They are not idle predators; when they kill, they kill to eat. Even a well-fed tiger in a zoo keeps his vestigial repertoire of hunting behaviors intact. (Captive breeding programs, in fact, make a point of selecting in favor of aggressive predatory behavior, since the ultimate hope of these programs is to bolster the dangerously low stock of free-living tigers.) In the zoo, tigers will stalk birds that land in their habitats, and they grow more alert than most people would care to realize when children pass before their gaze. Though stories of man-eating tigers have been extravagantly embellished over the centuries, the existence of such creatures is not legendary. In the Sunderbans, the vast delta region that spans the border of India and Bangladesh, more than four hundred people have been killed by tigers in the last decade. So many fishermen and honey collectors have been carried off that a few years ago officials at the Sunderbans tiger preserve began stationing electrified dummies around the park to encourage the tigers to seek other prey. One percent of all tigers, according to a German biologist who studied them in the Sunderbans, are “dedicated” man-eaters: When they go out hunting, they’re after people. Up to a third of all tigers will kill and eat a human if they come across one, though they don’t make a special effort to do so.

It is not likely that Miguel attacked Ricardo Tovar out of hunger. Except for the killing wounds inflicted by the tiger, the keeper’s body was undisturbed. Perhaps something about Tovar’s movements on the other side of the window intrigued the cat enough to make him spring, a powerful lunge that sent him crashing through the glass. Most likely the tiger was surprised, and frightened, and reacted instinctively. There is no evidence that he came all the way through the window. Probably he just grabbed Tovar by the chest with one paw, crushed him against the steel door, and with unthinkable strength pulled him through the window and killed him outside.

John Gilbert, the senior keeper who had been the first on the scene that morning, took me inside the Phase II building to show me where the attack had taken place. Gilbert was a sandy-haired man in his thirties, still shaken and subdued by what he had seen. His recitation of the events was as formal and precise as that of a witness at an inquest.

“When I got to this point,” Gilbert said as we passed through the security doors that led to the keepers’ corridor, “I saw the broken glass on the floor. I immediately yelled Mr. Tovar’s name. . . .”

The alcove in which Tovar had been standing was much smaller than I had pictured it, and seeing it firsthand made one thing readily apparent: it was a trap. Its yellow cinder-block walls were no more than four feet apart. The ceiling was made of steel mesh and a door of the same material guarded the exit to the corridor. The space was so confined it was not difficult to imagine —it was impossible not to imagine—how the tiger had been able to catch Tovar by surprise with a deadly swipe from his paw.

And there was the window. Covered with a steel plate now, its meager dimensions were still visible. The idea of being hauled through that tiny space by a tiger had an almost supernatural resonance—as if the window were a portal through which mankind’s most primeval terrors were allowed to pass unobstructed.

Gilbert led me down the corridor. We passed the holding cage of Rambo, who hung his head low and let out a grumbling basso roar so deep it sounded like a tremor in the earth. Then we were standing in front of Miguel.

“Here he is,” Gilbert said, looking at the animal with an expression on his face that betrayed a sad welter of emotions. “He’s quite passive right now.”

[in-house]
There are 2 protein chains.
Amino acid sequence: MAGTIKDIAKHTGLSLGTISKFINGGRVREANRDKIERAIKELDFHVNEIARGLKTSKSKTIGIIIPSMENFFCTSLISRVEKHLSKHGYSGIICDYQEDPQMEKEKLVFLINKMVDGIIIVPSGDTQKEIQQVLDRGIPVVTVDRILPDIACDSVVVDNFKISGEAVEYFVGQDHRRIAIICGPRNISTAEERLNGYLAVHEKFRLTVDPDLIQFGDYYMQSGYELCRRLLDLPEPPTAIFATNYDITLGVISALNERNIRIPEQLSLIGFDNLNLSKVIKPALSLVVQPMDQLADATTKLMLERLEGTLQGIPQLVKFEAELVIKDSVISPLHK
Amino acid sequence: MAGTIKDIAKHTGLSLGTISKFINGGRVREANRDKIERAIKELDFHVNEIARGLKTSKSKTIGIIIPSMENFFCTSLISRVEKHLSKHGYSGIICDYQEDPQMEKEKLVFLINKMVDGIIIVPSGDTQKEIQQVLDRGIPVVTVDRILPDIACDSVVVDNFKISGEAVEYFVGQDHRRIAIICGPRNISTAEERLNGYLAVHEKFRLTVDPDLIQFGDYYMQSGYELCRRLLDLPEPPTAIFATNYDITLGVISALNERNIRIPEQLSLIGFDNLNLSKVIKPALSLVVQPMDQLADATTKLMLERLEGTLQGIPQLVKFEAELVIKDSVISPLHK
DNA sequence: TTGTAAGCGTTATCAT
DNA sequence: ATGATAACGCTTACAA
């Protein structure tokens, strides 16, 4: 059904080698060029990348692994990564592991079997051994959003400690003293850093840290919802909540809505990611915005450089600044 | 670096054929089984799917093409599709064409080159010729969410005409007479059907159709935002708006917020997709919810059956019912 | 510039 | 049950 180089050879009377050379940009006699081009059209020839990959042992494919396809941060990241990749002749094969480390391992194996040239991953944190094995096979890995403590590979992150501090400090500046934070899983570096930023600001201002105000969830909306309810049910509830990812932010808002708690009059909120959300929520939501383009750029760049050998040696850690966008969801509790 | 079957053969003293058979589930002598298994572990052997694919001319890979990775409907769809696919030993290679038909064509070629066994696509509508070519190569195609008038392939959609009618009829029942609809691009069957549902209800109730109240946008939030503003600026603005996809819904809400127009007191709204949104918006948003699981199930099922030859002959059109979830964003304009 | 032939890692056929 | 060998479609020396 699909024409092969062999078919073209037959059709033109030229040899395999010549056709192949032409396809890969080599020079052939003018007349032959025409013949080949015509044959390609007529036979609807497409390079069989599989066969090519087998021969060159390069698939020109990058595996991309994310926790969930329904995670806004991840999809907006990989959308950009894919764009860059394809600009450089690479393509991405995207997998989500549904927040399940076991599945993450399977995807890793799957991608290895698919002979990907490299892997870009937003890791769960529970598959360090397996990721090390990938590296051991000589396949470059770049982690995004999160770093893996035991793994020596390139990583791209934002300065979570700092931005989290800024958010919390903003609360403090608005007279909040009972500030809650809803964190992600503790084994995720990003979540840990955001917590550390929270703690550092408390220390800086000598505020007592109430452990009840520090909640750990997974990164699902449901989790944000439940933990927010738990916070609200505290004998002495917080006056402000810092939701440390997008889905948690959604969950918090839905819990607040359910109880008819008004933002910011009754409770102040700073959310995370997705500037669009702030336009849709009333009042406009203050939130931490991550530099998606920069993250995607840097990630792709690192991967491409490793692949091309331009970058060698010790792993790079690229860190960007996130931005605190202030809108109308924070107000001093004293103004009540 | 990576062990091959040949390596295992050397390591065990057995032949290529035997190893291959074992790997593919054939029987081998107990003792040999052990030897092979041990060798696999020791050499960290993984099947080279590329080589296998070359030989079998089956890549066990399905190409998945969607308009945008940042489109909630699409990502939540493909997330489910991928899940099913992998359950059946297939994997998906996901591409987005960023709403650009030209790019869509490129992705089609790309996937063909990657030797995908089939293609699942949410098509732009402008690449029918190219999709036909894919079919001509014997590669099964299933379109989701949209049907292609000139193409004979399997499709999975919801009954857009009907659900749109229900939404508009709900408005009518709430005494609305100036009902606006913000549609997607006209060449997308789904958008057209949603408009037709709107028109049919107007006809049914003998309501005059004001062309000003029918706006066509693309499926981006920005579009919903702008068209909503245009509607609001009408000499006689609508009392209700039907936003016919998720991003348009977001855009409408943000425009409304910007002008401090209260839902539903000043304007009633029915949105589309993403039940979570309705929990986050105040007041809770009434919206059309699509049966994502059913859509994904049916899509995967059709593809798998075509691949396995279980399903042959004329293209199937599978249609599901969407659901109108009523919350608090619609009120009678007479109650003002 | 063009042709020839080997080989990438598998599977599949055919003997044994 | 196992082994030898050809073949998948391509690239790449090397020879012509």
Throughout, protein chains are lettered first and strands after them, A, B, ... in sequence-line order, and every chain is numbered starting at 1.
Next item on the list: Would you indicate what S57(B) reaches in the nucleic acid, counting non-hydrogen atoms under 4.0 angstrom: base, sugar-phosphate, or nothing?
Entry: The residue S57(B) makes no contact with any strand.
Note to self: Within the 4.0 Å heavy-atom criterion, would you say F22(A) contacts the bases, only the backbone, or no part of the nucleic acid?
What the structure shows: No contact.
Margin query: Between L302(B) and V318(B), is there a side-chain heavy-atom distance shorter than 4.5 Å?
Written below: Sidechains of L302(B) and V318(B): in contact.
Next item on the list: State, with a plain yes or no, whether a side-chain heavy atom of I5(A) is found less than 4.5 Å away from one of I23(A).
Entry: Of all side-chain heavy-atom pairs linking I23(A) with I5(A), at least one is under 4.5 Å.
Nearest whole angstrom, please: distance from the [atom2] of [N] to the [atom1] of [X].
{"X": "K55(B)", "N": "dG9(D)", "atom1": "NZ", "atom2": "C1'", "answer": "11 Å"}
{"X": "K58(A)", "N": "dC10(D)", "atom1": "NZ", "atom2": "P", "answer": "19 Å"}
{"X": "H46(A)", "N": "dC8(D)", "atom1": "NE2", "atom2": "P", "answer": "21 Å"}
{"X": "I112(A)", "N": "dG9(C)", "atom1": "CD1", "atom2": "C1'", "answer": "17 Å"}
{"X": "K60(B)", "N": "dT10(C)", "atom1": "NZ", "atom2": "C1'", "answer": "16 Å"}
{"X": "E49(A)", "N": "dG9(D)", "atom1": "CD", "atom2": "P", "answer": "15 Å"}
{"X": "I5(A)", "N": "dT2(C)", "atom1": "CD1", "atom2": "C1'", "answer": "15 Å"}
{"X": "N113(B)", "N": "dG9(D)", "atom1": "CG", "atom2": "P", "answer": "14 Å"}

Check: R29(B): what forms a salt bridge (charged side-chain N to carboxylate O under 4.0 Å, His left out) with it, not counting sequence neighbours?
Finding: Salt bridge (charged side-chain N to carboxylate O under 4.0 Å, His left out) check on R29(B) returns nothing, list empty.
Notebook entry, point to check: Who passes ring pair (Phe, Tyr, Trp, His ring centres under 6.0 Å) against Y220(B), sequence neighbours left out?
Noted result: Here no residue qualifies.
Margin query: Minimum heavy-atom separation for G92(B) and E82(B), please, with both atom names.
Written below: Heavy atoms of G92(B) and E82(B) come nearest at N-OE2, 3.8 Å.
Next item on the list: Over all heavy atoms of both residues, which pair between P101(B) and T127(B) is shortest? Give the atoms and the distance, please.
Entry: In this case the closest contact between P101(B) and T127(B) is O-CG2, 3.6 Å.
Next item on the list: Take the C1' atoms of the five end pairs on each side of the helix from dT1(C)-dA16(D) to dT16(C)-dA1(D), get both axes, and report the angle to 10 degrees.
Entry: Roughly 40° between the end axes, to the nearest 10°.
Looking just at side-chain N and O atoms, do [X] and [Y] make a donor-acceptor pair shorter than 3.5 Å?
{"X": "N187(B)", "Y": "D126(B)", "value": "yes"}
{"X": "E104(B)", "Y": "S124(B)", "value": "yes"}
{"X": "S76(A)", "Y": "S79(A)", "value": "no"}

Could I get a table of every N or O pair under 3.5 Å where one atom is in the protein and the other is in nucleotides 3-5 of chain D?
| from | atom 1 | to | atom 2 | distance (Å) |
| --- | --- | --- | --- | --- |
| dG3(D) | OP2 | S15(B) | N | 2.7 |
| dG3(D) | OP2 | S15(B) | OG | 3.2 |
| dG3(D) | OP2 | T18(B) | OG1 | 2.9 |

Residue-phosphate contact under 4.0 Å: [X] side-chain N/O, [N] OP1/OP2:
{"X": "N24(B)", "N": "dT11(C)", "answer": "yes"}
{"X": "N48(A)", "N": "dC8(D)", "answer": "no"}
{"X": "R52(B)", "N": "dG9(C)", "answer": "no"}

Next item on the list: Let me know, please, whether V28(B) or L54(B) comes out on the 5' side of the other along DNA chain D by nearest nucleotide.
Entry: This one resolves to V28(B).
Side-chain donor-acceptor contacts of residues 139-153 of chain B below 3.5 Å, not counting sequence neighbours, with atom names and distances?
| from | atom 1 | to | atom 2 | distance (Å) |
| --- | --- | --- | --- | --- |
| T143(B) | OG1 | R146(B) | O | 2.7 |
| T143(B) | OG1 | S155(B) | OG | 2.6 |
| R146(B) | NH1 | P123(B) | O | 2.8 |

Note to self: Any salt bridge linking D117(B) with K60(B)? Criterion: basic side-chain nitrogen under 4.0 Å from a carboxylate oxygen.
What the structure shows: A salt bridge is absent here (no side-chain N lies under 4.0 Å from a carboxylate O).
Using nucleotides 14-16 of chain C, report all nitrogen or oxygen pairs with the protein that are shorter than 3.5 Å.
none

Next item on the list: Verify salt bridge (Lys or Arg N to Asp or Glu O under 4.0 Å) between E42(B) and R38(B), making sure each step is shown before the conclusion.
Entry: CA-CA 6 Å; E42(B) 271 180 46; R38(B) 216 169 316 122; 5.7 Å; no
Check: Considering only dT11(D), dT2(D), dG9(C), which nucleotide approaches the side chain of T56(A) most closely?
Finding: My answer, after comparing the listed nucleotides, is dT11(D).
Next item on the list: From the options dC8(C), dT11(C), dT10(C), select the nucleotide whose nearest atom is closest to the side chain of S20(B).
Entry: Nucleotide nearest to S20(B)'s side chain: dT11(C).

The tiger was reclining on the floor, looking at us without concern. I noticed his head, which seemed to me wider than the window he had broken out. His eyes were yellow, and when the great head pivoted in my direction and Miguel’s eyes met mine I looked away reflexively, afraid of their hypnotic gravity. The tiger stood up and began to pace, his gigantic pads treading noiselessly on the concrete. The bramble of black stripes that decorated his head was as neatly symmetrical as a Rorschach inkblot, and his orange fur—conceived by evolution as camouflage—was a florid, provocative presence in the featureless confines of the cage.

Miguel idly pawed the steel guillotine door that covered the entrance to his cage, and then all of a sudden he reared on his hind legs. I jumped back a little, startled and dwarfed. The top of Miguel’s head nestled against the ceiling mesh of his cage, his paws were spread to either side. In one silent moment, his size and scale seemed to have increased exponentially. He looked down at Gilbert and me. In Miguel’s mind, I suspected, his keeper’s death was merely a vignette, a mostly forgotten moment of fright and commotion that had intruded one day upon the tiger’s torpid existence in the zoo. But it was hard not to look up at that immense animal and read his posture as a deliberate demonstration of the power he possessed.

I thought of Tipu Sultan, the eighteenth-century Indian mogul who was obsessed with the tiger and used its likeness as his constant emblem. Tipu Sultan’s imperial banner had borne the words “The Tiger Is God.” Looking up into Miguel’s yellow eyes I felt the strange appropriateness of those words. The tiger was majestic and unknowable, a beast of such seeming invulnerability that it was possible to believe that he alone had called the world into being, and that a given life could end at his whim. The truth, of course, was far more literal. Miguel was a remnant member of a species never far from the brink of extinction, and his motivation for killing Ricardo Tovar probably did not extend beyond a behavioral quirk. He had a predator’s indifference to tragedy; he had killed without culpability. It was a gruesome and unhappy incident, but as far as Miguel was concerned most of the people at the zoo had reached the same conclusion: he was just being a tiger.